From 428 total survey respondents, we excluded one man with missing data and one man responding “prefer not to answer” to the serodiscordance question. Most respondents were between 18-24 years of age, and over 75% had a main male sex partner in the last 12 months (Table 11). Over 70% of respondents reported UAI in the last 12 months. nearly half had received and HIV test in the last 12 months and about a quarter had never been tested for HIV. Over 30% did not know their most recent male sex partner’s HIV status.
Of 426 men included in the analysis, 21.1% (90) of MSM were not aware that serodiscordance is possible: 11.5 percent (49) responded “true” and 9.6% (41) responded “I don’t know” to the question about serodiscordance. The odds of not understanding that serodiscordance is possible were 2.0 (CI: 1.1, 3.8) times as high for men who had never tested for HIV, compared to the odds for men who had tested for HIV 0-6 months previously. Additionally, the odds of not understanding that serodiscordance is possible were 2.2 (CI: 1.1-4.5) times as high among men with a high school education or less, compared to the odds for men who had completed at least some college.
A substantial proportion of young, internet-using MSM in the United States may not understand that HIV serodiscordance is possible within sexual partnerships. Lack of understanding may occur especially among men not previously tested for HIV and those with less educational attainment. These same factors have been recently reported to be associated with lower levels of general HIV knowledge .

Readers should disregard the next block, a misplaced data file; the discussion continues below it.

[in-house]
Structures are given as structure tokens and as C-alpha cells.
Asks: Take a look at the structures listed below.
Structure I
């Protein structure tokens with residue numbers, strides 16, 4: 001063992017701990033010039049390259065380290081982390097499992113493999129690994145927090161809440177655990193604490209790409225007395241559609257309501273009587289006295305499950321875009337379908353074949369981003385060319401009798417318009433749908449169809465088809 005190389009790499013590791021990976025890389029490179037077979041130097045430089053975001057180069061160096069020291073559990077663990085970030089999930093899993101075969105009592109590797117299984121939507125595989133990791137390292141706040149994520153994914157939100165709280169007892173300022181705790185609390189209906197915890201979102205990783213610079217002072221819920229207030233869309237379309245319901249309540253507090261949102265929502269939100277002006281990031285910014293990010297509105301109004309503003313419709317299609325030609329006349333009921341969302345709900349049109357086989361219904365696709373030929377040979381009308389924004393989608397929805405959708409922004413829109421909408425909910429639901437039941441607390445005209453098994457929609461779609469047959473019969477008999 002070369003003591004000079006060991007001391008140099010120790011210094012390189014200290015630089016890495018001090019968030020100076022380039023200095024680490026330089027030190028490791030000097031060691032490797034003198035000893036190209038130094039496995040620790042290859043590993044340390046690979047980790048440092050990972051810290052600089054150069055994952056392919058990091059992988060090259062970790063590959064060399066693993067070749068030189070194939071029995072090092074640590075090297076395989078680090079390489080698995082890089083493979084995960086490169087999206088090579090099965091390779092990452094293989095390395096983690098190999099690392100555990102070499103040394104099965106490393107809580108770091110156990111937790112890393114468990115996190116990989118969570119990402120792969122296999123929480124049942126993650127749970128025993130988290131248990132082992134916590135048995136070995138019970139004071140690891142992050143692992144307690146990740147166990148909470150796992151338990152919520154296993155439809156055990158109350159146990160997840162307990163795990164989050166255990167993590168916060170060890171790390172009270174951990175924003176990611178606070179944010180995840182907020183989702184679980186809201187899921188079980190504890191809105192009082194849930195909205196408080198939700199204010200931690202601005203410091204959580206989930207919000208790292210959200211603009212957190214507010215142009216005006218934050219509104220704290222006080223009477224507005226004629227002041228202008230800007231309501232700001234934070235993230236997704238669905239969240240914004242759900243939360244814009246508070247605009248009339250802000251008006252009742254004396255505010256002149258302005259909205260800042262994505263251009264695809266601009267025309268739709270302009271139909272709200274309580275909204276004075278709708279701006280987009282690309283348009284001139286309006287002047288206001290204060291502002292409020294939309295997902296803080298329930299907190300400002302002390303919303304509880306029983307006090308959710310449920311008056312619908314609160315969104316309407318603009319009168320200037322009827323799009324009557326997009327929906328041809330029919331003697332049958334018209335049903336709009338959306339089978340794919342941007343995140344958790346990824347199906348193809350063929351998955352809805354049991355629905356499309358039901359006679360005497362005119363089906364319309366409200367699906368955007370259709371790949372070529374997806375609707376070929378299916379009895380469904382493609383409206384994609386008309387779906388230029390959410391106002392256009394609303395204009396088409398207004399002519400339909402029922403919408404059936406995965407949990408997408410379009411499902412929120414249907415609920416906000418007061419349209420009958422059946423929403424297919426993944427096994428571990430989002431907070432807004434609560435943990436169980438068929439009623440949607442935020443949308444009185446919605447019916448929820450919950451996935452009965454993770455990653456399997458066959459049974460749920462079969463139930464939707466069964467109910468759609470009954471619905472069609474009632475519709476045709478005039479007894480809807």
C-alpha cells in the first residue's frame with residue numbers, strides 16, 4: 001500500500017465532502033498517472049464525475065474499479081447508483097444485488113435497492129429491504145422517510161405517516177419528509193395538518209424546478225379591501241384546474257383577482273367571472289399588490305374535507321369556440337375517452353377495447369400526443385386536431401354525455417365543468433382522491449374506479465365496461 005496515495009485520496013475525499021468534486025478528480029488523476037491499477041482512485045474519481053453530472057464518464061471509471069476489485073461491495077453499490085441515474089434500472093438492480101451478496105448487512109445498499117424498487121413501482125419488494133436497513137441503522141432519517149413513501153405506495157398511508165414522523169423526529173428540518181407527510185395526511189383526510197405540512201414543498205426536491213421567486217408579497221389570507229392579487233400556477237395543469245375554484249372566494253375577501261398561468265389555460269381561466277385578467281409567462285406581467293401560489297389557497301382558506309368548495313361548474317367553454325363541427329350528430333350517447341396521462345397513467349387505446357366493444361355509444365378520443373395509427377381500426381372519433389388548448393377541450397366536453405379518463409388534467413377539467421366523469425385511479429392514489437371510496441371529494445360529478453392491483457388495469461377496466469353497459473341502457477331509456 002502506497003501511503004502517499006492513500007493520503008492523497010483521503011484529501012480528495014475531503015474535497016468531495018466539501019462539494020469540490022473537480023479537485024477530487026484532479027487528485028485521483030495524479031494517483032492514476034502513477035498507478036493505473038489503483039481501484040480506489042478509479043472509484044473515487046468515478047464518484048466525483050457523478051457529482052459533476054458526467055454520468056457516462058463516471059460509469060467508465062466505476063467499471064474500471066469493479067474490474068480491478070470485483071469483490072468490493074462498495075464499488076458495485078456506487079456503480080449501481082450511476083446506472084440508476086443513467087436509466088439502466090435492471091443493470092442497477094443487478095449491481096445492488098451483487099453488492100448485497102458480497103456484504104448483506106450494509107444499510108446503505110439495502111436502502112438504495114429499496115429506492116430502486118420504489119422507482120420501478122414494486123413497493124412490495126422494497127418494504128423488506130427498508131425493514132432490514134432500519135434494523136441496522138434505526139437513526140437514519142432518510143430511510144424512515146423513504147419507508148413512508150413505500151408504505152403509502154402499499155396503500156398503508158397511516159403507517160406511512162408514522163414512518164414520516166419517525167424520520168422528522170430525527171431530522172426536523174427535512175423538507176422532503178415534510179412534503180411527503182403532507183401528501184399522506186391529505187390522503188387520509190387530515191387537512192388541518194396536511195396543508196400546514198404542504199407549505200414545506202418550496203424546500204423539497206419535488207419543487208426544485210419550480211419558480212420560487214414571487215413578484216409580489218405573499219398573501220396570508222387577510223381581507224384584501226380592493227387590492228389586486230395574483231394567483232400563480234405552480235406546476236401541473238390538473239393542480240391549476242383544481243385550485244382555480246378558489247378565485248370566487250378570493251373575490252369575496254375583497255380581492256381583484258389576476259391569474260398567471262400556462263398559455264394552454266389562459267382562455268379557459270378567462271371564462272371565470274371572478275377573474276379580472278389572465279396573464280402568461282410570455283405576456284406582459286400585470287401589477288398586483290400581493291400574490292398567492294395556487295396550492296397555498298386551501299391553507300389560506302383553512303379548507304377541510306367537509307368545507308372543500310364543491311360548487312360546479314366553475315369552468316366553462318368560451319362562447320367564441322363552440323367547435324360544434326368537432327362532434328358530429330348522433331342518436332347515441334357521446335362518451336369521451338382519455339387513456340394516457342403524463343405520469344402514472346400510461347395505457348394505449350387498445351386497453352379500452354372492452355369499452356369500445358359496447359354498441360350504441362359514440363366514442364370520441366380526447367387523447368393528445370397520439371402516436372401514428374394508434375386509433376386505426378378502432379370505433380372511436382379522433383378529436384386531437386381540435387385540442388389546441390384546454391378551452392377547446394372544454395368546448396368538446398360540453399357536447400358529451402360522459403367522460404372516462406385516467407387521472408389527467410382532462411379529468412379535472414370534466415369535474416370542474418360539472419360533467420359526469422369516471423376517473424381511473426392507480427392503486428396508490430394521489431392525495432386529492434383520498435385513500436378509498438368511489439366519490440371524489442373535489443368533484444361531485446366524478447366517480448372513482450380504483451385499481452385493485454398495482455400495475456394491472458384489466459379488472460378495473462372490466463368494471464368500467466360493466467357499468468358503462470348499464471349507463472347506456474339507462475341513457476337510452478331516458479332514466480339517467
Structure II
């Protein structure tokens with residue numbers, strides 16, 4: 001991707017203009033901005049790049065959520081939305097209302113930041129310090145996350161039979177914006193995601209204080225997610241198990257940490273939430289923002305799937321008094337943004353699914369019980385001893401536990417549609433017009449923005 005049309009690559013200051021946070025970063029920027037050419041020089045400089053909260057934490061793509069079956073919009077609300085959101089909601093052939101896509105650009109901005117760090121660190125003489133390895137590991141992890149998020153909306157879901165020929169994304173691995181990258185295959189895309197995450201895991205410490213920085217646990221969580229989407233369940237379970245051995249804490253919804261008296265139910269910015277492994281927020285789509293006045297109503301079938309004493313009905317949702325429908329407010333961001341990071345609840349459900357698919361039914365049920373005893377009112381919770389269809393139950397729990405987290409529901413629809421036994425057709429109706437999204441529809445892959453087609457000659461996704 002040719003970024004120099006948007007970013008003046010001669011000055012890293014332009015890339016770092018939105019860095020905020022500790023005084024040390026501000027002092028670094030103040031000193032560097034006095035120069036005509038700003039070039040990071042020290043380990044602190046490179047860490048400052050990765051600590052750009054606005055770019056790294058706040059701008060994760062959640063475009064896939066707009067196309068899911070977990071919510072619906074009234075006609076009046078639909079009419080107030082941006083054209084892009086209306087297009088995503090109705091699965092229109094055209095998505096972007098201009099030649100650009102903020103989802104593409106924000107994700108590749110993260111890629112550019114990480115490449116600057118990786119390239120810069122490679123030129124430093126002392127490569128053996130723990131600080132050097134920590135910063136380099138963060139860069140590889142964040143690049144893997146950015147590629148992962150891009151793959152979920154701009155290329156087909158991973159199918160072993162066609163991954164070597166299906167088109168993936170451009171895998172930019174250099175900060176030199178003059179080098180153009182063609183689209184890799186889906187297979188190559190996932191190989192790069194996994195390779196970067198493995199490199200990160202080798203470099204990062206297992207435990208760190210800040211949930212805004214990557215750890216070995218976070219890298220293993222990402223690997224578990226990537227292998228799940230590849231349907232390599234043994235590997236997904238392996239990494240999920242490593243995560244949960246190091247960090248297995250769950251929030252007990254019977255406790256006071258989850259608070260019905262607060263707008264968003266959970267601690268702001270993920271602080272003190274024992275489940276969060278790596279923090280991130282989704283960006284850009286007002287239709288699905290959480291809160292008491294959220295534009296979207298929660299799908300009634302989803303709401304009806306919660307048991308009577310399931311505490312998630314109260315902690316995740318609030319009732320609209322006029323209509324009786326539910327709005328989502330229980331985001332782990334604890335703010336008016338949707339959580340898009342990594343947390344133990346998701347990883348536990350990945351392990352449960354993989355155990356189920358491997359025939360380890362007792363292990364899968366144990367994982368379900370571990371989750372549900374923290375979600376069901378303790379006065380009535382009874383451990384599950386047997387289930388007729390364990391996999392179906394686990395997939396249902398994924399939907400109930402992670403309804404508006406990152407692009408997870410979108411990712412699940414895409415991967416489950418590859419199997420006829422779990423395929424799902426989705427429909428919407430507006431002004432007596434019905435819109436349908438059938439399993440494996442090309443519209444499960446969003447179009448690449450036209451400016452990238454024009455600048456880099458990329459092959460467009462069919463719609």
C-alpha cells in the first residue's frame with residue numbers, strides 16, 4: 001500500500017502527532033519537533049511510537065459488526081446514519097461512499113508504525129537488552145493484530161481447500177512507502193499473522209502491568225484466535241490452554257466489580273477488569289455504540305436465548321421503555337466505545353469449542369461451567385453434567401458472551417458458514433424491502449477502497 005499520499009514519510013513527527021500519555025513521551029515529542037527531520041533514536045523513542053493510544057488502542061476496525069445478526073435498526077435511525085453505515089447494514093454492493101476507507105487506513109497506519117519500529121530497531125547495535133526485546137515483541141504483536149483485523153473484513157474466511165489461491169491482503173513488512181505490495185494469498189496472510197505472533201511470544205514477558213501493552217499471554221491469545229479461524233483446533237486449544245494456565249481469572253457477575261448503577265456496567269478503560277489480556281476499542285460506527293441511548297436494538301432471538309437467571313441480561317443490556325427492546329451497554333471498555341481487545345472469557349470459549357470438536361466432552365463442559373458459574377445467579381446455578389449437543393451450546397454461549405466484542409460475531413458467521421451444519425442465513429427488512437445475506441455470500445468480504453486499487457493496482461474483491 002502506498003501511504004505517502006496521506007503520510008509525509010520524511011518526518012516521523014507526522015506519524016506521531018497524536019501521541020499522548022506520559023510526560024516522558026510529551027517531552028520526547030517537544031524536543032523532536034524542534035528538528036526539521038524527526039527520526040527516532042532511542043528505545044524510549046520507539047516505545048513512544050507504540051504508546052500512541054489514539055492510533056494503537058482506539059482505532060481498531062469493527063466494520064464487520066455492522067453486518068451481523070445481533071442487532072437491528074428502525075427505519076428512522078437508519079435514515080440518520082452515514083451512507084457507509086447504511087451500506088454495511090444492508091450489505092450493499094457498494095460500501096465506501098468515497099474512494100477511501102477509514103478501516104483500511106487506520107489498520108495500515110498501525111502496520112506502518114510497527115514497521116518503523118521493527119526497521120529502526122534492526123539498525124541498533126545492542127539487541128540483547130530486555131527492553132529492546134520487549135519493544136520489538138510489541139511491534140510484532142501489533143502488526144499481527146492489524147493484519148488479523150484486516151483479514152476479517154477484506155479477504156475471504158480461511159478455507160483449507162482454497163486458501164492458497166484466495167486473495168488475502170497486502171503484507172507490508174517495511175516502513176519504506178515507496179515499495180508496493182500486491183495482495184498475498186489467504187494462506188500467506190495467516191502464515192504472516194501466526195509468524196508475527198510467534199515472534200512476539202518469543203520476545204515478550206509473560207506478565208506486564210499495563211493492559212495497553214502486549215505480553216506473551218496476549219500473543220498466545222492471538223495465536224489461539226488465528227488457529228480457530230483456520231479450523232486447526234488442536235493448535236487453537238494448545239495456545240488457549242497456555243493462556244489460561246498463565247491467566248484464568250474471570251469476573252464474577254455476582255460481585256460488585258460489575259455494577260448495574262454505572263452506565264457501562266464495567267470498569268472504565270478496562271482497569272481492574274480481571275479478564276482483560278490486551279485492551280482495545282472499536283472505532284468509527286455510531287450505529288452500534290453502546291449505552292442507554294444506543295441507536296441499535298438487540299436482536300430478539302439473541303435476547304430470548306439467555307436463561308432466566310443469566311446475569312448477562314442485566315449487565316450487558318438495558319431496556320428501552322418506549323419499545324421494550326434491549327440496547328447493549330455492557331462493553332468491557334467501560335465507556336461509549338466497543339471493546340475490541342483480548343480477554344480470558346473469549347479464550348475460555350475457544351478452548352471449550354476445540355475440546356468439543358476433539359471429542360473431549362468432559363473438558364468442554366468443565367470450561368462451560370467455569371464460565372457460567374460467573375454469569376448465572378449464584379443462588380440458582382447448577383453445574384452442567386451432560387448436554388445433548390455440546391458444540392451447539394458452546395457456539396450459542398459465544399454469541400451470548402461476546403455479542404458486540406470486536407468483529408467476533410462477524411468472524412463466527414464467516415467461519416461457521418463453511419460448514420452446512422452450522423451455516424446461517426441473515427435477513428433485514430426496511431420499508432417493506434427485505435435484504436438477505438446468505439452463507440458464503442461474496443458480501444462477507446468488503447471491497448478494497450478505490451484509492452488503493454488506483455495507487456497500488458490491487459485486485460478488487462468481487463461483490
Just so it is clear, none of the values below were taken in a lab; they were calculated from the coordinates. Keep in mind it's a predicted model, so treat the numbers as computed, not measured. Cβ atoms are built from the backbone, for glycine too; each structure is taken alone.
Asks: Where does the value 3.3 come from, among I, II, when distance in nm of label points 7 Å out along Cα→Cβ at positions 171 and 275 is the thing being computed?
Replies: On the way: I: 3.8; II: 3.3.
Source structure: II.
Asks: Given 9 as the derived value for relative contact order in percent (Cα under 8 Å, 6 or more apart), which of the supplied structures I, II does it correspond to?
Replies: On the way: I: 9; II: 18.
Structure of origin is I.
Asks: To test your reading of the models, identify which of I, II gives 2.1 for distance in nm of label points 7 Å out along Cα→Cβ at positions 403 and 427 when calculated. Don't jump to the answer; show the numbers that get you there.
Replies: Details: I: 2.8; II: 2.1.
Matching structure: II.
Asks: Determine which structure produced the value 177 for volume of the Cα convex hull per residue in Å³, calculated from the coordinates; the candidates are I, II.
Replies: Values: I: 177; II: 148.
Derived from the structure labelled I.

We recognize several important limitations to our work. First, we were limited to a single item for this assessment, and the measure is imperfect. We considered respondents who answered “I don’t know” to not be aware of the possibility of serodiscordance. However, even if we only considered those who endorsed the item as true as not being aware of the possibility of serodiscordance, our primary conclusion - that an important proportion of young MSM are not definitively certain that serodiscordance is possible - is still valid. We also acknowledge that our sample is not representative of all US MSM, or all internet-using MSM.
Based on these results, we recommend that CVCT provided to male couples in the United States should include education on HIV serodiscordance. Since approximately one in six MSM who had been previously tested for HIV also did not recognize the possibility of serodiscordance, this concept might also be important to include in general HIV/AIDS educational interventions and standard prevention counseling with individuals receiving HIV counseling and testing.
The authors confirm that this article content has no conflict of interest.
The authors would like to thank Nicole Luisi for her expert support and data management.
This work was supported by the Center for AIDS Research at Emory University (P30 AI050409) and the National Institute on Minority Health and Health Disparities (RC1MD004370).
The findings and conclusions in this article are those of the authors and do not necessarily represent the official position of the US Centers for Disease Control and Prevention.